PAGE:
There are several papers on actual evidence for the existence of various relevant(to an RNA world) organic compounds in ancient rocks, meteorites, interstellar dust etc. etc.
There are a few papers discussing the formation of lipids, which can also be relevant to an RNA world model.
It actually fits quite well together if you bothered to look at it a little more than just the titles. Tie this in with many other papers that have been discussed on this site and elsewhere, and it actually seems like there is substantial support for something like a preRNA->RNA world.
If someone points you to these papers and states there is evidence here, it's because there is.
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Re: Calilasseia: 78 Papers on Abiogenesis

#95  Postby Nautilidae » Apr 13, 2010 4:13 pm

rainbow wrote:
Perhaps then you can appreciate my irritation with people that wave at the 78 Papers, and state that the evidence is there, when these papers represent very diverse hypotheses wrt. Abiogenesis.
I can identify half-a-dozen scenarios, and they have some laboratory work to show that they are possible.
...but they cannot be all correct.
Therefore which evidence of possibility do we take?


Why not? Multiple genesis is quite an interesting hypothesis.
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Re: Calilasseia: 78 Papers on Abiogenesis

#96  Postby rainbow » Apr 14, 2010 7:55 am

Rumraket wrote:
First of all, it seems most of those 88 papers lend support to a preRNA->RNA world hypothesis. There are papers on the formation of ribonucleotides, oligomers and polymers under various conditions. There are papers on the evolvability of simple self-replicators.

I don't think that most do, but I'd agree that this is the most favoured hypothesis today.
Can we then reject any papers on Lipid World, Metabolism First, Protein First as not being evidence?

Another large portion of them seems to deal with abiotic amino-acid formations. This could also be relevant for the evolution of the first lifeforms in an RNA-world when they propapbly didn't start out with the ability to synthesise these themselves(since this already requires complex genetic and protein machinery).

The RNA world didn't need amino-acids. It follows that none of these papers provide any evidence for an RNA-world.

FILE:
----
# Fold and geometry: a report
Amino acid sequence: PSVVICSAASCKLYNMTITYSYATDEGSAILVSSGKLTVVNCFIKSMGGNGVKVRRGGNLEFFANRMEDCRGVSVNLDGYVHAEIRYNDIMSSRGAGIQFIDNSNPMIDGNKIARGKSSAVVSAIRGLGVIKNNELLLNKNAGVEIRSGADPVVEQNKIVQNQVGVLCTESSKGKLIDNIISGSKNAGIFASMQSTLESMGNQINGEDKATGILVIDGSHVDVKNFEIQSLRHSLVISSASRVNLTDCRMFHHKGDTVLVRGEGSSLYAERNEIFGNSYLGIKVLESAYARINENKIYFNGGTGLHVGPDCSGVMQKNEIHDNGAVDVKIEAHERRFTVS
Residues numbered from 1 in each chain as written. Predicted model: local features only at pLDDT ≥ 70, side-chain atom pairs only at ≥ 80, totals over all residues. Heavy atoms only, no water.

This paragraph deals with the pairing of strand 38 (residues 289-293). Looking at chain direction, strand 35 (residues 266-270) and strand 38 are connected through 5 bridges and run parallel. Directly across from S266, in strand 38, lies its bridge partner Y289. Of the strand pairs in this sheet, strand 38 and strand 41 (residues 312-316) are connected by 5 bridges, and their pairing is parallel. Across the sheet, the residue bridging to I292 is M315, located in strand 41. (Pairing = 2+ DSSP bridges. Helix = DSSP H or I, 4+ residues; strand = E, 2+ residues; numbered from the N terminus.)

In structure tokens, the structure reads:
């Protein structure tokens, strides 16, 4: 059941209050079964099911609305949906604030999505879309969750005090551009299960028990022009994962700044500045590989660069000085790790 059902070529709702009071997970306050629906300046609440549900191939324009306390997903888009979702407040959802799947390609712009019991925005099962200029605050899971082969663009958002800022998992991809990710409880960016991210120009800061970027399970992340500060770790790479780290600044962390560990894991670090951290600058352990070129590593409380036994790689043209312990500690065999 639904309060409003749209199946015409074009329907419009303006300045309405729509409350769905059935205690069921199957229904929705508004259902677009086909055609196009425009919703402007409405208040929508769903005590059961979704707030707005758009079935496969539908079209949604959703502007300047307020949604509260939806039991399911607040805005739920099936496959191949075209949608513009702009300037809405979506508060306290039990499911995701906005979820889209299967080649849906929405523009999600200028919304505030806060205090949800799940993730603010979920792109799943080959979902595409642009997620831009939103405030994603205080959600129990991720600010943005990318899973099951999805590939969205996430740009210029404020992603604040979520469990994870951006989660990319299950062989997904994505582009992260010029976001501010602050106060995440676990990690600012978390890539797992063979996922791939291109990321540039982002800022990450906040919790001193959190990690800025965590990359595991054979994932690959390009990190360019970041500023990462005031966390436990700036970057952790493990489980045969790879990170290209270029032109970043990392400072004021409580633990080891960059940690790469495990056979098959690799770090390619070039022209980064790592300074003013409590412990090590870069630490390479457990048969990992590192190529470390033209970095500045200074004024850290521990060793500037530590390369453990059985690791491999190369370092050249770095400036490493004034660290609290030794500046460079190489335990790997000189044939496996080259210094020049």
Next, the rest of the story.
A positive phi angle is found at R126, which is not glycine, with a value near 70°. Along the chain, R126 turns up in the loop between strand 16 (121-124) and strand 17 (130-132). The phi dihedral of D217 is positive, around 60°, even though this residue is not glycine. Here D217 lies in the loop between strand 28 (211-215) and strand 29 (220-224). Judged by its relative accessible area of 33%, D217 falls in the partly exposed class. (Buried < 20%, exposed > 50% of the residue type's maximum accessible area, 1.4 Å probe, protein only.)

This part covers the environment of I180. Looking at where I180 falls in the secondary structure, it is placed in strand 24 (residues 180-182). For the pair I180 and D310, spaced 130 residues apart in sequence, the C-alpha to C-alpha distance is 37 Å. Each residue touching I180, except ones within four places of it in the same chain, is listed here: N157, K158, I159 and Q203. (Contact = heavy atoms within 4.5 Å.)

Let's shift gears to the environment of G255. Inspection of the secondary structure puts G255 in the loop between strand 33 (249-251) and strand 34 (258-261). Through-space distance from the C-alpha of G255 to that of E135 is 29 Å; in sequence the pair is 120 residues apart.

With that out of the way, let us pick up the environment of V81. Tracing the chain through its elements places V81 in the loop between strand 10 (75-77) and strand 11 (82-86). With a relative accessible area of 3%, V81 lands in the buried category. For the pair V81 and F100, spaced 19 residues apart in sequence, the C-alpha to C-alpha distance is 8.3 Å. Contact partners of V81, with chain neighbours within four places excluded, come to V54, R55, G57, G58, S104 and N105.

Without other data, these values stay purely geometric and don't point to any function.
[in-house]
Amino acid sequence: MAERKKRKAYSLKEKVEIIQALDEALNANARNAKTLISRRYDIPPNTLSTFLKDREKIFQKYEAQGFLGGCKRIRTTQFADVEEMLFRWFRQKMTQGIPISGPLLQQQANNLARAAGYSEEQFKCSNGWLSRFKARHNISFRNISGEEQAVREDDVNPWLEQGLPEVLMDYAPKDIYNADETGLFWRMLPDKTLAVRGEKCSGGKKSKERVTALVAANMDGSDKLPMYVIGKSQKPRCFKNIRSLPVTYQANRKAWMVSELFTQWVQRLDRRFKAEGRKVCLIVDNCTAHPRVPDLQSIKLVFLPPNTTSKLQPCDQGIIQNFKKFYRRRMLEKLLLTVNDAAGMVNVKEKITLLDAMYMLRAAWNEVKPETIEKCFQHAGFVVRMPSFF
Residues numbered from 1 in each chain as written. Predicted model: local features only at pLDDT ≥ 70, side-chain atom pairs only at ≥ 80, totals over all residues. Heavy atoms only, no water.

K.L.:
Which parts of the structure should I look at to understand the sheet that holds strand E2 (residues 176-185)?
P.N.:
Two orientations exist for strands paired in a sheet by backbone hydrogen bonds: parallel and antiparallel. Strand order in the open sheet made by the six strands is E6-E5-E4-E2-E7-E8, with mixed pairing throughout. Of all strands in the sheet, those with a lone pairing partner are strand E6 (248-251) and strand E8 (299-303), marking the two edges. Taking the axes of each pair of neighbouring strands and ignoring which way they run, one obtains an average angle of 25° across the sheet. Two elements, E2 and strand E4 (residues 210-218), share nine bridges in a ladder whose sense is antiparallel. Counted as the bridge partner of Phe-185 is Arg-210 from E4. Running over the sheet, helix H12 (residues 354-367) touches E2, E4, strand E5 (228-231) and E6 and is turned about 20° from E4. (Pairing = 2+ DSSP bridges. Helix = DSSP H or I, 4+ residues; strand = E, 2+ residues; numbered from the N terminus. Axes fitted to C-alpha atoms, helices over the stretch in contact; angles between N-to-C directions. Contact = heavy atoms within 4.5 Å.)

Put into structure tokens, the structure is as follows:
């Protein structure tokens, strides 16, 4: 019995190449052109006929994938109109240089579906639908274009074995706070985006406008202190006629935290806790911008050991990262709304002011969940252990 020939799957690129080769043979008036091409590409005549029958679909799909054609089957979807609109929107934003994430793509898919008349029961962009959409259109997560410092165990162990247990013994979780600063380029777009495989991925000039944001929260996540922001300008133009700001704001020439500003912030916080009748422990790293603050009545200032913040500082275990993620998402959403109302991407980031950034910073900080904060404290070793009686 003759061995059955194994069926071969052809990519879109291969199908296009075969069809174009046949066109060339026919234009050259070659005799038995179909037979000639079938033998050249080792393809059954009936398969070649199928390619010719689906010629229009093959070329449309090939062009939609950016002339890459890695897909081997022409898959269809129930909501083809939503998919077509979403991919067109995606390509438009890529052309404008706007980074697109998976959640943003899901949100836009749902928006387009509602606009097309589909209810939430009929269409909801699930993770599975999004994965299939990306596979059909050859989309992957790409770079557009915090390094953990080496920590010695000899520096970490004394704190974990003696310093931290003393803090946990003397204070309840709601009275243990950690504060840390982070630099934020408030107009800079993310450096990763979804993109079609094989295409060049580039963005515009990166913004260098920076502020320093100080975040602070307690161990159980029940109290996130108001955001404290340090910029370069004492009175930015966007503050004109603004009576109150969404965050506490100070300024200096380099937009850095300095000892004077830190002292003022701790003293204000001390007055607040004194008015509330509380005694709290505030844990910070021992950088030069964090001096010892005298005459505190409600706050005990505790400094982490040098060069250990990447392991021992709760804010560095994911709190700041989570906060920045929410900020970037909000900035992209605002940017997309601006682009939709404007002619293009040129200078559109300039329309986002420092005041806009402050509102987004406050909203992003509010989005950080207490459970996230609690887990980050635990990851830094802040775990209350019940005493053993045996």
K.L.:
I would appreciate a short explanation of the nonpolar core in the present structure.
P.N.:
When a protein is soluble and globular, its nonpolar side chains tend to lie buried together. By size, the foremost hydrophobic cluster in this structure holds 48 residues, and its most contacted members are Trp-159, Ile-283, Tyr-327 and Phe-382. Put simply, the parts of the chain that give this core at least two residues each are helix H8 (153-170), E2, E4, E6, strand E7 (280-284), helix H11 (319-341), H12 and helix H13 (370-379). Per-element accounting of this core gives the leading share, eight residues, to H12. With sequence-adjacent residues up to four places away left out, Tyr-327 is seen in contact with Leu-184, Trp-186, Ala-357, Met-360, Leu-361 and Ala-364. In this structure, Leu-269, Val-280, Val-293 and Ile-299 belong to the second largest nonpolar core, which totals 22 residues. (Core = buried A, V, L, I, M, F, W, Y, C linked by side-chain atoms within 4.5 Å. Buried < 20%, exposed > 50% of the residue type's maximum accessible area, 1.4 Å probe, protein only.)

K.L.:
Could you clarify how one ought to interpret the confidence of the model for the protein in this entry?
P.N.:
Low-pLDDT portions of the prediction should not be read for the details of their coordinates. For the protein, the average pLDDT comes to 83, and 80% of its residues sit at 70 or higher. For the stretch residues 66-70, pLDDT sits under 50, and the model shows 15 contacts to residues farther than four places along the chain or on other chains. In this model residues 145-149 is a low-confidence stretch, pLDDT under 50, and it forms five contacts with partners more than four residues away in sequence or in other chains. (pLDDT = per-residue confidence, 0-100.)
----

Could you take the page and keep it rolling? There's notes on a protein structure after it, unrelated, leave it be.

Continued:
There are several papers on actual evidence for the existence of various relevant(to an RNA world) organic compounds in ancient rocks, meteorites, interstellar dust etc. etc.


These I've missed to my shame and embarrassment. Please point to these papers.

There are a few papers discussing the formation of lipids, which can also be relevant to an RNA world model.
It actually fits quite well together if you bothered to look at it a little more than just the titles.

I've read them, and you know I've read them since we've actually discussed the details of these papers in another thread.
Your comment is quite unneccessary.
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Re: Calilasseia: 78 Papers on Abiogenesis

#97  Postby hackenslash » Apr 14, 2010 8:05 am

Ah, the old divide and conquer tactic, eh? Good work.

No, those papers that are supportive of other models cannot be dismissed just because they don't support RNA-world. Abiogenesis is an active area of research, and all hypotheses are supported to some degree. All the papers stand as evidence for the various steps in the various hypotheses. There is not one single hypothesis, and nor should there be, until or unless it can be shown that only one mechanism for the arisal of life from abiotic roots is possible. Those papers still constitute a single body of evidence for abiogenesis, much as you'd love to reduce it for your own dogmatic purposes.
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Re: Calilasseia: 78 Papers on Abiogenesis

#98  Postby rainbow » Apr 14, 2010 8:35 am

hackenslash wrote:Ah, the old divide and conquer tactic, eh? Good work.


Don't blame me if some of these papers contradict other papers. I didn't write them.
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Re: Calilasseia: 78 Papers on Abiogenesis

#99  Postby hackenslash » Apr 14, 2010 8:52 am

It isn't actually a problem. Guth and Turok contradict each other as well. Which, if either, of their hypotheses actually reflects reality remains to be seen. It could well be that elements of both are true, or neither. That's why they're active areas of research. The same is true of competing hypotheses in abiogenesis. I'm still not sure why you think this is remotely a defeating argument. It isn't.
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Re: Calilasseia: 78 Papers on Abiogenesis

#100  Postby Rumraket » Apr 14, 2010 8:57 am

rainbow wrote:
hackenslash wrote:Ah, the old divide and conquer tactic, eh? Good work.


Don't blame me if some of these papers contradict other papers. I didn't write them.


None of these papers actually contradict each other. Do you wish to point out these contradictions?